Best Original Score is a peculiar category this year, with no clear frontrunner. Hurwitz could win, though the film has received poor reviews from critics and audiences alike. John Williams could win, since he is John Williams after all, though his score for “The Fabelmans” is much more slight than his typical work. It could also be Hildur Guðnadóttir for “Women Talking,” though that film doesn’t seem to be gaining much traction in awards circles as of late. This will be an exciting race to track in the coming months, though Hurwitz’s bombastic, in-your-face score is the showiest of them all, giving him a potential leg up on top of this Globe win.
GUILLERMO DEL TORO WINS ANIMATED FEATURE
Was there ever any doubt? No, not even as a rhetorical question. “Guillermo del Toro’s Pinocchio” was always going to and will continue to win Best Animated Feature prizes. This is the first time a streamer has won Best Animated Feature, a record he’ll set with other awards bodies too. He is without competition in the category, even with other wonderful films in the mix. His speeches are charming and inspiring for cinema lovers, and the film itself is terrific. Sometimes it’s just as simple as that.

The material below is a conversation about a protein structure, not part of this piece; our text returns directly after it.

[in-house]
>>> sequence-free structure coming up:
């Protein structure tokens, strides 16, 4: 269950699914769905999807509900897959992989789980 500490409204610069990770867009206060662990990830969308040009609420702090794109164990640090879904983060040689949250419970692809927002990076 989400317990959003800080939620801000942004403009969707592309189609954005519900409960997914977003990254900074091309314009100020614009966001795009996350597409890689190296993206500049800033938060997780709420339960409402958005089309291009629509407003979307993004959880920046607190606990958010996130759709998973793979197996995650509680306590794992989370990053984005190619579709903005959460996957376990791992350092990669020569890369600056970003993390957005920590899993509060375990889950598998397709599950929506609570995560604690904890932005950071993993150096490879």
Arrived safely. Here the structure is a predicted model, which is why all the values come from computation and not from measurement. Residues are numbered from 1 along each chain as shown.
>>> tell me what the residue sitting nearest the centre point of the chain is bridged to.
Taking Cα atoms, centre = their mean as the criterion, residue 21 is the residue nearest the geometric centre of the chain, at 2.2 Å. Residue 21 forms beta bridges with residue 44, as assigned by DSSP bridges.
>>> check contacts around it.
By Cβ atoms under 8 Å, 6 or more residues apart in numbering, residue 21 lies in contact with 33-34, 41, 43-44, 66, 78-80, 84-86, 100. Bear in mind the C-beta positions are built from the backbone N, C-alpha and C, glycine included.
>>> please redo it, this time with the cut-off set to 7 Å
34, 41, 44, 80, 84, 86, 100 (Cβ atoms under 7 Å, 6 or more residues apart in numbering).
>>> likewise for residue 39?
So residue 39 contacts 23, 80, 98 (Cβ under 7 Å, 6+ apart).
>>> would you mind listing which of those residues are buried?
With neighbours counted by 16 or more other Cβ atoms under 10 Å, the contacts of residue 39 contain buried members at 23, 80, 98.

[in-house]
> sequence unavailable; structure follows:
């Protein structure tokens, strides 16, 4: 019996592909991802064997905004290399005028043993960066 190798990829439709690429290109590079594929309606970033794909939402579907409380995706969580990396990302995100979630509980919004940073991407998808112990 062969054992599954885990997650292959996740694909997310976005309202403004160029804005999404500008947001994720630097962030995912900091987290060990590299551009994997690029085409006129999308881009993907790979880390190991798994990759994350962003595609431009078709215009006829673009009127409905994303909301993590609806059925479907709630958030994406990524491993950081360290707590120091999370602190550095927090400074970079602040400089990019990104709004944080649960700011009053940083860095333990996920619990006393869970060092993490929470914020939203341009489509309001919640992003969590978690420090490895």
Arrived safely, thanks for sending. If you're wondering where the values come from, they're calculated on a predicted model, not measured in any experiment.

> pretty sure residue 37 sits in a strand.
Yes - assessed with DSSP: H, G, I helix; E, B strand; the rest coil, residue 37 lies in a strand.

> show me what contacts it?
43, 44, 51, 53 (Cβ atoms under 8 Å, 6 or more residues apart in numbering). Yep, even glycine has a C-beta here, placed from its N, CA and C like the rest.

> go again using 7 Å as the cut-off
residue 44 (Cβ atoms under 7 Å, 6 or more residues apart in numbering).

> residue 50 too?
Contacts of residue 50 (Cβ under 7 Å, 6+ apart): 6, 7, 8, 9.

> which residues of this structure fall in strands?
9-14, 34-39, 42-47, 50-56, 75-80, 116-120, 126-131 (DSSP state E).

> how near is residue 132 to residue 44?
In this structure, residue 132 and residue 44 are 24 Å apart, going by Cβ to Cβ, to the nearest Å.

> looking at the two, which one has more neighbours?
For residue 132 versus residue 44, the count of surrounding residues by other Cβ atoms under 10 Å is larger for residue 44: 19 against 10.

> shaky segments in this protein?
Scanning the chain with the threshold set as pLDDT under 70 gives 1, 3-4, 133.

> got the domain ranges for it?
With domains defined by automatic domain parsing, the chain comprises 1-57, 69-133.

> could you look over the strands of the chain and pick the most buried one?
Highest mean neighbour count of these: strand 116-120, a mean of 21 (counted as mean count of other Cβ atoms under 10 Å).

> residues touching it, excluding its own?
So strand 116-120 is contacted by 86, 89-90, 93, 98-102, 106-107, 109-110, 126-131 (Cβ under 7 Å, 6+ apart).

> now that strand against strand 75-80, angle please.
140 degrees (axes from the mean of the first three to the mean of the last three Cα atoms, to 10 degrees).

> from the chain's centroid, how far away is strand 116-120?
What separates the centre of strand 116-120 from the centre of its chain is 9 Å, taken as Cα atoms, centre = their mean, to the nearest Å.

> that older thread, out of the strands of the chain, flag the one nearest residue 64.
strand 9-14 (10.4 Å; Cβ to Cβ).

The Golden Globes certainly seem to be toning down their awards with fewer shocks and more diversity in their winners. It’s a pleasant change of pace for the typically chaotic HFPA. Awards season is truly off and running, with the Critics Choice to come this weekend and SAG nominations being announced in (as of this typing) a few minutes. With more guild nominations imminent and Academy Award nominations just a few short days away, these races are really starting to take shape, but who will ultimately walk away with the Oscar?
What were your biggest shocks of this year’s Golden Globes? Does this change any of your predictions? What do you think is winning Best Picture? Please let us know your thoughts on our Twitter account. Click here for more important upcoming dates this awards season and here for the most recent tally of awards season winners for the current year.